Remington 700 7mm Rem Mag?
Im looking to get a new rifle, and have been highly considering the 7mm Rem mag, im looking for a nice everything caliber for shots from 75 yards out to 600 some times more, i frequently make trips to Colorado, Texas, Montana and such to hunt hogs, deer, elk, coyotes, just never owned a 7mm rem mag, ive got a 30-06, .270, and 6.5x55 for large rifles. so i was wondering what yalls experiences have been with the 7mm rem mag. just want your opinions on the caliber threw your experiences.
you can think what you like, i dosent mean anything to me, im asking a simple question, trying to get some help, i never said i was extremely experienced. im just lucky enough to have the money to go hunt in other states, than mine, ive used many caliber but by no means do i claim to be an expert with them, i shot a 7mm rem mag one time last year in Colorado and loved it, i just wanted to see what others thought before i jumped in a bought one. but no im no expert, just a guy who saves money to go hunt where i want to.
- Bear CrapLv 78 years agoFavorite Answer
Wow I’m a bit surprised by some of your answers.
Well I used to have a 7mm mag Remington 700 however over the years I went to the .300 win mag and the .338 win mag for long range big game, simply because I think they are better for big bears than the 7mm mag. Why? Because the 7mm cant launch 220 bullets like the other two calibers can. But for deer and elk the 7mm mag is fine for long shots. Now some who don’t live in the prairie states cant understand the need for real long shots sometimes. I am one who thinks a hunter should get within at least 400 yards for a shot on an elk or deer. However there are times that’s just not possible such a vast grasslands of the Midwest or the Tundra here in Alaska. It does take lots of skill and patience for such long shots. My rule of thumb was wait for the animal to lower its head to graze before I fired on a shot over 400+ yards. This way I had far less wounded animals from them moving as the bullet was on its way. Trying to hit a running deer at 500 or 600 yards is just careless to me.
I think the 7mm mag would serve you well unless you plan on hunting grizzly/ brown bears or long shots on big moose. I really liked that 7mm mag Rem I had, I just wasn’t using it enough to warrant keeping it.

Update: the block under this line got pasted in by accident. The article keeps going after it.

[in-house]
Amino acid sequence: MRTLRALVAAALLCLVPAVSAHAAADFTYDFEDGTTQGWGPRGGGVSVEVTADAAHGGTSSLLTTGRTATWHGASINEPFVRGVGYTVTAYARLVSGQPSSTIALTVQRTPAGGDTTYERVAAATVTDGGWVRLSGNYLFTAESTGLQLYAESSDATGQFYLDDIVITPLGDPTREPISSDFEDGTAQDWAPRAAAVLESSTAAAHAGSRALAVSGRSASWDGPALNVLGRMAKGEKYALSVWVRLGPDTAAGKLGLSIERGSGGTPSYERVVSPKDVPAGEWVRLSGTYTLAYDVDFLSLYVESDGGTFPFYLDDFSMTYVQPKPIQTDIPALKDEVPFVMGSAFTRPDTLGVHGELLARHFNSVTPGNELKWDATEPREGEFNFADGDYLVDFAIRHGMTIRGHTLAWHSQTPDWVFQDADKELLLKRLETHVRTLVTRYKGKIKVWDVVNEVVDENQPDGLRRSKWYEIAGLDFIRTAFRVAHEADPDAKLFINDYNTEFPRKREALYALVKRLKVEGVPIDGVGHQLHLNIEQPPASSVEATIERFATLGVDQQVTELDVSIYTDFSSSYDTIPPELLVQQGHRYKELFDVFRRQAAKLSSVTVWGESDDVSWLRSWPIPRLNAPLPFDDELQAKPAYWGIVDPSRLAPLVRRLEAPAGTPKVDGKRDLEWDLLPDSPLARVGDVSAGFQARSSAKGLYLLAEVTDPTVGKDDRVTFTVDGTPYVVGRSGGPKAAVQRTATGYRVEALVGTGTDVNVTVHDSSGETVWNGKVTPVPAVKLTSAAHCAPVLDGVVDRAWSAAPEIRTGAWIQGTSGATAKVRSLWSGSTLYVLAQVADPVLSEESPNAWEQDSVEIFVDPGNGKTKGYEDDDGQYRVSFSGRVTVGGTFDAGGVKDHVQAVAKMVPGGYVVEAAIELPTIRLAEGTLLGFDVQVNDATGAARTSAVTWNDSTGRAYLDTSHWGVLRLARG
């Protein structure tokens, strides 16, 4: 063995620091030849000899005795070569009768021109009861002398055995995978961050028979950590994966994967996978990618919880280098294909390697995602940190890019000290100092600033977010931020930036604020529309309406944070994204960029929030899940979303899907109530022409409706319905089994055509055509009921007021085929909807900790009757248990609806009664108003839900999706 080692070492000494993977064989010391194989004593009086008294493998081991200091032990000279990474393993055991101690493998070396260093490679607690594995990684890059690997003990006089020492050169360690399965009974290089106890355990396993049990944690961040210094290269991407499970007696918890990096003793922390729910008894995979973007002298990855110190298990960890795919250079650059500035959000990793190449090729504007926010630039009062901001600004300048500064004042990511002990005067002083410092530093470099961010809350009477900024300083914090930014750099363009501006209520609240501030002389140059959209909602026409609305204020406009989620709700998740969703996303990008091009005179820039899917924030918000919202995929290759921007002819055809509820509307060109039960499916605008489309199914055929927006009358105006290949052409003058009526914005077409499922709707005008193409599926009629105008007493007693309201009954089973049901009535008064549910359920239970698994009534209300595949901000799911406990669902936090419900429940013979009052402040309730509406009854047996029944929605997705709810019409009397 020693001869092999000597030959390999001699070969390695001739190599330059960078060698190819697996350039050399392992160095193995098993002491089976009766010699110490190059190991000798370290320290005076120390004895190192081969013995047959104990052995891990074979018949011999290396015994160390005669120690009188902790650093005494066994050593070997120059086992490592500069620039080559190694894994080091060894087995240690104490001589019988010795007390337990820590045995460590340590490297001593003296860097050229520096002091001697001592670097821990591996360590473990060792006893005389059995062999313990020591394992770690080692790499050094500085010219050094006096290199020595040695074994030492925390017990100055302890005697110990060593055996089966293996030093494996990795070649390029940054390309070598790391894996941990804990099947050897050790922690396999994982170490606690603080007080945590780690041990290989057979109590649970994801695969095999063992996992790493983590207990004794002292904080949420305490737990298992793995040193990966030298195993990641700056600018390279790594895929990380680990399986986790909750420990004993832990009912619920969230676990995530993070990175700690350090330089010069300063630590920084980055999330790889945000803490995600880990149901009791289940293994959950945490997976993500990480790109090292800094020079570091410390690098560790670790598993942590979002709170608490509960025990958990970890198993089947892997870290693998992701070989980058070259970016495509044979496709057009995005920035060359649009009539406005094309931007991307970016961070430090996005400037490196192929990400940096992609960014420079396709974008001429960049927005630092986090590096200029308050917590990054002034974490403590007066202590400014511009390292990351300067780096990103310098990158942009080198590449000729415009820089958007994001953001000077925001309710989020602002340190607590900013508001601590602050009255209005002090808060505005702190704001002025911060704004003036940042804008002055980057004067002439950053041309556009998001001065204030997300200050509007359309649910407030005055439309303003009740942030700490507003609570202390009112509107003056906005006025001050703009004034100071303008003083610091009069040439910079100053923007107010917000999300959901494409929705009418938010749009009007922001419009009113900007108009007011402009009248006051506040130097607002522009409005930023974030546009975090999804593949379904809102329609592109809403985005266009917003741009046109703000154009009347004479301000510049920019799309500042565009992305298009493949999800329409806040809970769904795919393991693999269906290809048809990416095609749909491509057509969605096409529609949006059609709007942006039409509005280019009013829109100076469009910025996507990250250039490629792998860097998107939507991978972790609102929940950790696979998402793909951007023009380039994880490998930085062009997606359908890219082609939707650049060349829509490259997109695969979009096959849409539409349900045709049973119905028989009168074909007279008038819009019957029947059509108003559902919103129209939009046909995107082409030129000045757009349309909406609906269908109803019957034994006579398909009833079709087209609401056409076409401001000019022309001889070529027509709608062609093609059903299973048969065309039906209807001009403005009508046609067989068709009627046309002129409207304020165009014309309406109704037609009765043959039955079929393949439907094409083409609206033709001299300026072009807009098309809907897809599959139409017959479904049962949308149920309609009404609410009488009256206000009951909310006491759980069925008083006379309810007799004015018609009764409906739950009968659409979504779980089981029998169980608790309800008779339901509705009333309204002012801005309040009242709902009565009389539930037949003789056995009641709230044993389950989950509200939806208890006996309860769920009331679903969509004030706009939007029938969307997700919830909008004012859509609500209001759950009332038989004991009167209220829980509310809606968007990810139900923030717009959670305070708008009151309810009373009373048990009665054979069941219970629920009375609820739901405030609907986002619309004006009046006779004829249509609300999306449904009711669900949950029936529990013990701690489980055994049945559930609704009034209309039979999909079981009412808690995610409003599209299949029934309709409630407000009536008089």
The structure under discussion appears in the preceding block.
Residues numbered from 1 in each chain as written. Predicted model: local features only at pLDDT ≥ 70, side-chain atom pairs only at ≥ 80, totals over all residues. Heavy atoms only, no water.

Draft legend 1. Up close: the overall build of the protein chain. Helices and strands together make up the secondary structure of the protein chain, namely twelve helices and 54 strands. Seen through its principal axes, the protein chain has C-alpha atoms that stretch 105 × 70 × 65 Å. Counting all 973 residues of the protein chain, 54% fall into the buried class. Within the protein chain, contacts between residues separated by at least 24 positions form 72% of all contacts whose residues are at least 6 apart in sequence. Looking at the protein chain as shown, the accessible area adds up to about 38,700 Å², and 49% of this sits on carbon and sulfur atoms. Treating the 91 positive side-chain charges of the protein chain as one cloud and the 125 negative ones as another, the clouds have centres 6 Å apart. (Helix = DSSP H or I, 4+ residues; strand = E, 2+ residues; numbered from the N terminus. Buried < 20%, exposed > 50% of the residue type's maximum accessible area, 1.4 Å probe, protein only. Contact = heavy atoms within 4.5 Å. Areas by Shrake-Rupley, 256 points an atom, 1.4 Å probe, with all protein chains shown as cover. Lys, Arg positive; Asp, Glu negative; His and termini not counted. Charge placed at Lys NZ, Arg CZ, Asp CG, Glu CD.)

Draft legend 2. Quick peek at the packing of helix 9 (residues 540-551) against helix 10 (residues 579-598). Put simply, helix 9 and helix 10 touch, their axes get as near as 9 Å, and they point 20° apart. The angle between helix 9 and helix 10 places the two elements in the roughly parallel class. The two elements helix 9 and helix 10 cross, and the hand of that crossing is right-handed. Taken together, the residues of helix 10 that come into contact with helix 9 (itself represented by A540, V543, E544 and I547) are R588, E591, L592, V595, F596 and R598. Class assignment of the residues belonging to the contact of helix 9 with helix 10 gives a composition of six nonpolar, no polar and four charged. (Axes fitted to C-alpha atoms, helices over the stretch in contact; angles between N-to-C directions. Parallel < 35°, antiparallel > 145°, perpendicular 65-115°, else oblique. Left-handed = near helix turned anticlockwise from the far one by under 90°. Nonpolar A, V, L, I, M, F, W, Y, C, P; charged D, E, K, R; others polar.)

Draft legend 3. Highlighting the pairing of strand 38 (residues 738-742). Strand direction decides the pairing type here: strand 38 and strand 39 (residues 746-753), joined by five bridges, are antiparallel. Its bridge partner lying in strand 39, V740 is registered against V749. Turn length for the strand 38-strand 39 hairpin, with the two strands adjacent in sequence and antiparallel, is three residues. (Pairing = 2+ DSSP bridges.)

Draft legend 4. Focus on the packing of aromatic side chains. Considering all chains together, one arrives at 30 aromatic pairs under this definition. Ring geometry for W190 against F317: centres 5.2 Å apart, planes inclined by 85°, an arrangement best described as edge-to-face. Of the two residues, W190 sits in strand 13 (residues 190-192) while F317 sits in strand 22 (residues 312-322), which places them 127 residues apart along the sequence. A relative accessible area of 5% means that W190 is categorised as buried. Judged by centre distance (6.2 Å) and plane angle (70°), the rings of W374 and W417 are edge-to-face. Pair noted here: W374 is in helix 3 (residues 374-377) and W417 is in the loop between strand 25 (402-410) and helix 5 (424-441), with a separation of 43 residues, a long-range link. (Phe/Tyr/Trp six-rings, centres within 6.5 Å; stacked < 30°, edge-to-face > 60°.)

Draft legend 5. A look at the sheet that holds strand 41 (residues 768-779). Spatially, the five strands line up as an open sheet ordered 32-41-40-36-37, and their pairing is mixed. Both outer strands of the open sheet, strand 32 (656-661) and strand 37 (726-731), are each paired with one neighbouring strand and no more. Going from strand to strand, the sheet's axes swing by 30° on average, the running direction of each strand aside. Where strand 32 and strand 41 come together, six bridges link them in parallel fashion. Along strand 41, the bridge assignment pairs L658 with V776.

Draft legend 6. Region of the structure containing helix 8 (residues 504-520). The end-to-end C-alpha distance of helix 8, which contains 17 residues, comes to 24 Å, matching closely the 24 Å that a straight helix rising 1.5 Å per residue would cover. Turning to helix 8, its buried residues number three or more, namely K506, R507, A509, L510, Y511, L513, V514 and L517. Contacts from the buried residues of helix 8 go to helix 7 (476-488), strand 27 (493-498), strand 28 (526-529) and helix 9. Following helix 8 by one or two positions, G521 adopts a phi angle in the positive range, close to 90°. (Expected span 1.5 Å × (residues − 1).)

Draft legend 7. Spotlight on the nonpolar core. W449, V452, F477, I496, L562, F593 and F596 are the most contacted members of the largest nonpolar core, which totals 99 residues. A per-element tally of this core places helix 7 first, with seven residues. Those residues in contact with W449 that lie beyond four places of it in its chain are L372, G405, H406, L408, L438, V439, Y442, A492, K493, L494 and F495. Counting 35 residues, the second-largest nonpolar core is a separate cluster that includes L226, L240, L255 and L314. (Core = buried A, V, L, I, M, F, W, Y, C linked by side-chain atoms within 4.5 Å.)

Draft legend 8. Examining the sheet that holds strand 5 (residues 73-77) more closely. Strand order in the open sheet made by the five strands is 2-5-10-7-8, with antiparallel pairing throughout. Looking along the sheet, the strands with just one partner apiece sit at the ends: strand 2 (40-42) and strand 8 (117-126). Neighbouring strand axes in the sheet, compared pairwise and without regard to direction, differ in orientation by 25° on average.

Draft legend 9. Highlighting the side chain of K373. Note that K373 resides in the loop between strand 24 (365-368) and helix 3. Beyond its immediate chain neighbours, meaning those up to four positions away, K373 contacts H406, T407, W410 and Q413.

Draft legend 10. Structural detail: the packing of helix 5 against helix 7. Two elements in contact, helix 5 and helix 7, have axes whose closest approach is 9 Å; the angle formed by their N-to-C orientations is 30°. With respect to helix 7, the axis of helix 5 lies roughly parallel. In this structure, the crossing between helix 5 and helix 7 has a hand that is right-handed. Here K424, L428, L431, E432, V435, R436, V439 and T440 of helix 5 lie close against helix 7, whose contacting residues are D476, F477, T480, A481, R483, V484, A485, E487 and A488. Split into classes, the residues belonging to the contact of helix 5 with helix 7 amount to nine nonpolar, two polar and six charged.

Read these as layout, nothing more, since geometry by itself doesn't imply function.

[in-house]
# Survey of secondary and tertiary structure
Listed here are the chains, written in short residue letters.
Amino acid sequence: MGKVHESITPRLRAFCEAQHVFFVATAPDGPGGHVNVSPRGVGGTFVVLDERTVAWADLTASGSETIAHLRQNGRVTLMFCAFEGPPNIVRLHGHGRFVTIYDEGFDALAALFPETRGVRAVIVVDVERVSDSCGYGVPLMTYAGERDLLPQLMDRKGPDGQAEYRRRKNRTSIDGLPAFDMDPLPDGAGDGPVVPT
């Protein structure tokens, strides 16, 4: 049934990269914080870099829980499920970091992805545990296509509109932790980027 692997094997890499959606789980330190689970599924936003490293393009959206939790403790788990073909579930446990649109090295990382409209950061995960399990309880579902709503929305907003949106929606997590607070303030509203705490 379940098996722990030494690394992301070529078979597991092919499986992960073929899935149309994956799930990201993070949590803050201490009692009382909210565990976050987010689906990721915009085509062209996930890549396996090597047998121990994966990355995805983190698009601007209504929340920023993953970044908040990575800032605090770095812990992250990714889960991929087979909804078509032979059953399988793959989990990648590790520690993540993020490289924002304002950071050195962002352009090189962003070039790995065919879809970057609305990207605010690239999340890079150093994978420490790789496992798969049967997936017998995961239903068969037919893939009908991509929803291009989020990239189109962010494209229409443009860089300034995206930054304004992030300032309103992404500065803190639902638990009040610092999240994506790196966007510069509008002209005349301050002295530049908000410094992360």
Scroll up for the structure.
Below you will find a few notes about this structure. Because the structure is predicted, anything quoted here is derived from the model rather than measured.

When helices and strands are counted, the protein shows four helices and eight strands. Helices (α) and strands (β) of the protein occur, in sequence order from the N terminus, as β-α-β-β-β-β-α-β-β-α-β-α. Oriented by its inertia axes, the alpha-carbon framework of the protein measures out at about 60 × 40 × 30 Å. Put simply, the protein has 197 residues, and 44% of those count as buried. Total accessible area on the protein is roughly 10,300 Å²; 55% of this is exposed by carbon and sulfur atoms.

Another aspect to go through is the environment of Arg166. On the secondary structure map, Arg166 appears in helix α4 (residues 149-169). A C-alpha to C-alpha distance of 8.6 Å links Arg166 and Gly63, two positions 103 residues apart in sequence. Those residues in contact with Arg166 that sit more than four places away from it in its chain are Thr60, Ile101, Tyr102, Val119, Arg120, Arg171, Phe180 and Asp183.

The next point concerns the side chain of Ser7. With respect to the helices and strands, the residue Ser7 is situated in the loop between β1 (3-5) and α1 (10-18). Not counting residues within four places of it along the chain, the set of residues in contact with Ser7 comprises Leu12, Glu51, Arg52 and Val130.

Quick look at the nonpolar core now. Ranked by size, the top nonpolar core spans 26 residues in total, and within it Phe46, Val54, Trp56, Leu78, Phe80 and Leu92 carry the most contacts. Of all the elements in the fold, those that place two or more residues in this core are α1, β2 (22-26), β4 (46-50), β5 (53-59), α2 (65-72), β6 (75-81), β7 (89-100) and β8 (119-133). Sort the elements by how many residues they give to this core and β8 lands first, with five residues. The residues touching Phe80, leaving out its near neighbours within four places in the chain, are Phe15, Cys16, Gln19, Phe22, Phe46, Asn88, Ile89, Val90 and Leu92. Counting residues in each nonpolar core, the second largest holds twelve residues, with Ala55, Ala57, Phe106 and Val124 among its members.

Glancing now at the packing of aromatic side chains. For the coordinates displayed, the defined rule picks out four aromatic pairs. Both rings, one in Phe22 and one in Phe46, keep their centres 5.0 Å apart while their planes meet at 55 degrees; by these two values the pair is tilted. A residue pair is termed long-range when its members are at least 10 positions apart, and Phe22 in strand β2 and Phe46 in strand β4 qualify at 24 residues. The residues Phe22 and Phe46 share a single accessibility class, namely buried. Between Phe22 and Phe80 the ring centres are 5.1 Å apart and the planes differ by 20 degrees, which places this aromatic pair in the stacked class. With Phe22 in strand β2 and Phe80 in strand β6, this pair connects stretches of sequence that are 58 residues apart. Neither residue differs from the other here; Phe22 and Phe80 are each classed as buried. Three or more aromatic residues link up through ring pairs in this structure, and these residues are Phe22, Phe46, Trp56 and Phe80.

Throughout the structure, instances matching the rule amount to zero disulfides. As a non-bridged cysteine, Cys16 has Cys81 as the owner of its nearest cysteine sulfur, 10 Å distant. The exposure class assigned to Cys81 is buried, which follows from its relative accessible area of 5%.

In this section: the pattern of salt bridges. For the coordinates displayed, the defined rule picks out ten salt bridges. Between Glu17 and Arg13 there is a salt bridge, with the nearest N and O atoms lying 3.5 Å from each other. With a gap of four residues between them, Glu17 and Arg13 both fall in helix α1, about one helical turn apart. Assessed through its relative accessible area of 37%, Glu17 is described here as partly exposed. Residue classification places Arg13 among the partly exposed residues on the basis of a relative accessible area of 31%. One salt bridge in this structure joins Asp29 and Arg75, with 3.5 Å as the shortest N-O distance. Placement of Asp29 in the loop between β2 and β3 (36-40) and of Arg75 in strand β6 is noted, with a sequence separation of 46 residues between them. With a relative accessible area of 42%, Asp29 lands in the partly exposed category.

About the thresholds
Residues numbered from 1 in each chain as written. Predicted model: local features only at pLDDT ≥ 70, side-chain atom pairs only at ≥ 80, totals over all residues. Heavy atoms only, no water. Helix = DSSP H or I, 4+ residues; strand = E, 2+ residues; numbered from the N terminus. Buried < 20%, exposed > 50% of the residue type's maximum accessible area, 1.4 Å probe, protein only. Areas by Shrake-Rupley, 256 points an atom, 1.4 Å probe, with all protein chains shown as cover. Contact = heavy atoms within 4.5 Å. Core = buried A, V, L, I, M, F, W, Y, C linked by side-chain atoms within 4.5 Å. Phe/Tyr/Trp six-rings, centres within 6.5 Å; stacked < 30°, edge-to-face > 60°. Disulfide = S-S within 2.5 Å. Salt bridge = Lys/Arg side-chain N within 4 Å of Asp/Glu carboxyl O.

- Anonymous4 years ago
This Site Might Help You.
Remington 700 7mm Rem Mag?
Im looking to get a new rifle, and have been highly considering the 7mm Rem mag, im looking for a nice everything caliber for shots from 75 yards out to 600 some times more, i frequently make trips to Colorado, Texas, Montana and such to hunt hogs, deer, elk, coyotes, just never owned a 7mm rem...Source(s): remington 700 7mm rem mag: https://shortly.im/SLf5W
- augustLv 78 years ago
If you're taking shots on game at 600 yards, you're doing it wrong. With all due respect, I think you're stretching the truth. If you're not, I apologize, but it does tend to stretch credulity a bit.
And there is no single "everything" cartridge. As others have said, if you can't do the job on ungulates and small predators with a .270 Winchester or .30-06 Springfield, it probably doesn't need doing.
The price difference alone between 7mm Remington Magnum and standard cartridges like .270 Win or .30-06 should be enough to dissuade you from choosing it. You'll pay anywhere from 10% to 50% or more for 7mm Rem Mag.
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- pajasoncLv 58 years ago
Personally not a big fan of the 7mm mag. You need at least a 24" barrel to get the performance out of it and really a 26" barrel is best. So you will have a long heavy rifle. Another thing is after 200 yards the 7mm mag isn't going to have a hydrostatic shock effect so its only killing power is going to come from the size of the hole it makes. So at 400 yards a 06 is going to kill just as well, it will have more bullet drop. If you really want a long range rifle for game the size of elk, I think banging away at big game over 400 yards is not hunting but thats just my opinion, look at the 300 win mag. It will have the ability to shoot the 200 grain high bc bullets like the 7mm mag does but it will also carry more energy to target and make a bigger hole when it gets there!
- EricLv 48 years ago
I borrowed a remingtin 700 in 7mm Rem mag once. It was a lot of rifle, and I never hunted with one again. 30-06 or .308 is plenty for the lower 48, even out to 600 yards. especially if you do closer ranged shot, the 7mm is way overkill.
- Chris HLv 68 years ago
There's not enough difference between the 270 and 7mm Mag to make it worth buying a different rifle, even at 500 yards there is nothing major to choose between them.
7mm Rem Mag 140 gr Nosler BT -32.84" / 2252 fps / 1576 fpe
270 Win 140 Gr. Barnes XBT -38.55" / 2079 fps / 1343 fpe
With a 200 yard zero they are down 5.6 and 6.5 inches respectively at 300 yards. Both have plenty of energy at 500 yards and no animal is going to notice the difference if you do your job.
- Anonymous8 years ago
I don't think so. I smell BS.
If you were as experienced as you say you are you would not need to ask your question here.
Added: OK, dude, if you say so. I have owned and hunted with at least 15 different rifle calibers and I never felt the need to ask anyone what caliber I should buy, much less ask a bunch of strangers. You know there is no such thing as an everything caliber, don't you?
- 8 years ago
Sorry you have to hear all of these peoples rude comments. I own a 7mm mag and have put down 300 pound plus deer out to 400 yards. They didn't run 20 yards. I think it is a great caliber and the closest you can get to the perfect all around gun.
- METROPOLIS1Lv 78 years ago
yalls experiences ?????
Stick with whats common.... The 30-06 is more than enough for your purposes..... More bullet weights are available also in 30-06.....